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Thread: How can I solve the integral with singularity at endpoint?

  1. #1 How can I solve the integral with singularity at endpoint? 
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    I have a question about a integral that have singularity at the endpoint. The singularity will bring oscillation to the solution. I am wondering if there is a way to approximate this integrand with a recurrence relation so that we can smoothe out the oscillation? Here is the integral.
    integral exp(-k*L) /((Ro*k)^2 + Ro^2*(U*k-1)^2-1) *(exp(-Ro*k*z/(1-Ro^2*(U*k-1)^2)^0.5 ) *exp(i(kx-t)) dk from (Ro-1)/Ro/U to (Ro+1)/Ro/U. Here Ro(=0.707), U(=0.625), t(=0.25) are const; we can set x, z as arrays from -10 to 10 and from 0 to 10. As we notice that the singularity exists at endpoint (Ro+1)/Ro/U. My question is if it is possible to modify the integral to a suitable form which can smoothe out the singularity? For example, if we can simplify it to the form as integral exp(t)/t dt from const to infinity, it will be solvable.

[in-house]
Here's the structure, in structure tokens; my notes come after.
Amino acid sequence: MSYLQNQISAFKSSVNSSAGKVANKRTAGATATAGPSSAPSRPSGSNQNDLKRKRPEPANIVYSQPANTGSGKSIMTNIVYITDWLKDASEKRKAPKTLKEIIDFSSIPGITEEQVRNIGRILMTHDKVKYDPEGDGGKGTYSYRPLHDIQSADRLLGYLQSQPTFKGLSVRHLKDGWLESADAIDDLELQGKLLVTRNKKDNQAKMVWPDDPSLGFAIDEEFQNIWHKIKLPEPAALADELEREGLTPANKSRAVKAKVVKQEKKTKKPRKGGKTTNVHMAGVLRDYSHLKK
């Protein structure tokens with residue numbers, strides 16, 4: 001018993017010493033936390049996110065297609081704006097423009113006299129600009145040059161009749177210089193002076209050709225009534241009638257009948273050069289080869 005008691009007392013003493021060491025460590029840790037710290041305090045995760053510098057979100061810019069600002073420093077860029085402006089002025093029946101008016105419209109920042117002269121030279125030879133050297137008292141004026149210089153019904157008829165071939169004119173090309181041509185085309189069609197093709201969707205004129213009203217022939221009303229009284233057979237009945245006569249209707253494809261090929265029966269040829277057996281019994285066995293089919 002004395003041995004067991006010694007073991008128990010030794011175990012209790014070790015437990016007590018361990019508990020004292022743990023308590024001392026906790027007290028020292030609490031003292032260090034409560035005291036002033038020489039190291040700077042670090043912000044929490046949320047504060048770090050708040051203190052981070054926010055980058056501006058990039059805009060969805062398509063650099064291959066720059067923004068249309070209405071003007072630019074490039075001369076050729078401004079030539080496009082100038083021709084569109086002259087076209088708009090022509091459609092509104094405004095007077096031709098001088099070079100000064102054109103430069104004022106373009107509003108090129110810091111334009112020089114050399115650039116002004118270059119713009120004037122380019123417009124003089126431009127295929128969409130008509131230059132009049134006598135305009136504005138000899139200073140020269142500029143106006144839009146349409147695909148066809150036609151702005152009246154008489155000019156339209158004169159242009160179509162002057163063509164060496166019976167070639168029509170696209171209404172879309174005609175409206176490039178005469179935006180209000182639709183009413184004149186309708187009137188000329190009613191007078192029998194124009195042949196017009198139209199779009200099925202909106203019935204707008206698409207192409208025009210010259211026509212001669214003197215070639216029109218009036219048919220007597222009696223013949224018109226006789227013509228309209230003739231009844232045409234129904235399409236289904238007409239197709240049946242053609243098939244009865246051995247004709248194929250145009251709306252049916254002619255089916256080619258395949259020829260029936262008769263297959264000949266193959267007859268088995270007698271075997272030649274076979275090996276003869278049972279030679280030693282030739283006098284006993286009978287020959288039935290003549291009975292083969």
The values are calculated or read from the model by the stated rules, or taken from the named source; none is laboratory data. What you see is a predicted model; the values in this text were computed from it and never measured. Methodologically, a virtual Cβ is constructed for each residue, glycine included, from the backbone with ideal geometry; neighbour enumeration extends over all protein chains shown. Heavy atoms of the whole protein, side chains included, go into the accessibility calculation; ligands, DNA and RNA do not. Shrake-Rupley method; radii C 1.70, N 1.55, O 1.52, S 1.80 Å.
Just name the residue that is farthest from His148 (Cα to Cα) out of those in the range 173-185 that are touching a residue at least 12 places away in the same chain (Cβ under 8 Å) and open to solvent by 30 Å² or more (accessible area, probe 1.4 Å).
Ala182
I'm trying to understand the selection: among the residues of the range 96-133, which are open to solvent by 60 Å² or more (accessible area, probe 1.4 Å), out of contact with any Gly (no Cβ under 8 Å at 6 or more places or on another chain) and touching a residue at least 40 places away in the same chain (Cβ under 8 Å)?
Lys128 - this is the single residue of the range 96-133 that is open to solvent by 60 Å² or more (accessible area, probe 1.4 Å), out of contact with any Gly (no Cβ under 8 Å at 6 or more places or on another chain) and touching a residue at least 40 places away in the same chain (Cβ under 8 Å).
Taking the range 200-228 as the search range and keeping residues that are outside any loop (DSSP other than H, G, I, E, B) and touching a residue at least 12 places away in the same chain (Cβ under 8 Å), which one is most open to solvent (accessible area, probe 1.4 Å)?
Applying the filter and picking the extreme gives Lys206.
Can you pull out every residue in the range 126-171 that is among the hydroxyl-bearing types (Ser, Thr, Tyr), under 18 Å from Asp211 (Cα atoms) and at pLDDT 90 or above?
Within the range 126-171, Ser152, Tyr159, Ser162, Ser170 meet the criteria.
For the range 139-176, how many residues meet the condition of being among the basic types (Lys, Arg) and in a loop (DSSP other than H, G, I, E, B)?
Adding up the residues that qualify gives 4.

Thanks.


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  3. #2  
    Forum Bachelors Degree Demen Tolden's Avatar
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    I'm not sure if this is something I could help you with or not, but the notation you used isn't very clear to me.

    If you want to make an integral sign, you can do it like this:
    &#8747 ;
    without the space in between the 7 and ;

    If you want to make a superscript, as you would if you would raise something to a power or show the upper limit to an integrand, you can type
    < sup > 5 < / sup >
    without any spaces

    If you want to make a subscript, as you would perhaps to show the lower limit of an integrand
    < sub > 5 < / sub >
    without any spaces.

    To me, your "exp" I think could either refer to e or a power so its confusing to me.


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  4. #3  
    Forum Bachelors Degree Demen Tolden's Avatar
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    Am I right in thinking that this is your integrand?

    First, for the sake of clarity, I will temporarily make Ro = r

    Your lower limit looks to be
    (r-1)/r/u
    u(r-1)/r
    u - ( 1 / r )

    Your upper limit looks to be using the same steps as above:
    u + ( 1 / r )

    <sub>u-(1/r)</sub>∫<sup>u+(1/r)</sup> (-k L)e(r k)<sup>-2</sup> + ( r<sup>2</sup>(u k - 1)<sup>2</sup> - 1)e(-r k z)( (1 -r<sup>2</sup>)( (u k - 1)<sup>2</sup>)<sup>1/2</sup>)<sup>-1</sup>e( i ( kx - t ) ) dk

    If this is the case (as it most likely isn't), this integrand could be greatly simplified.
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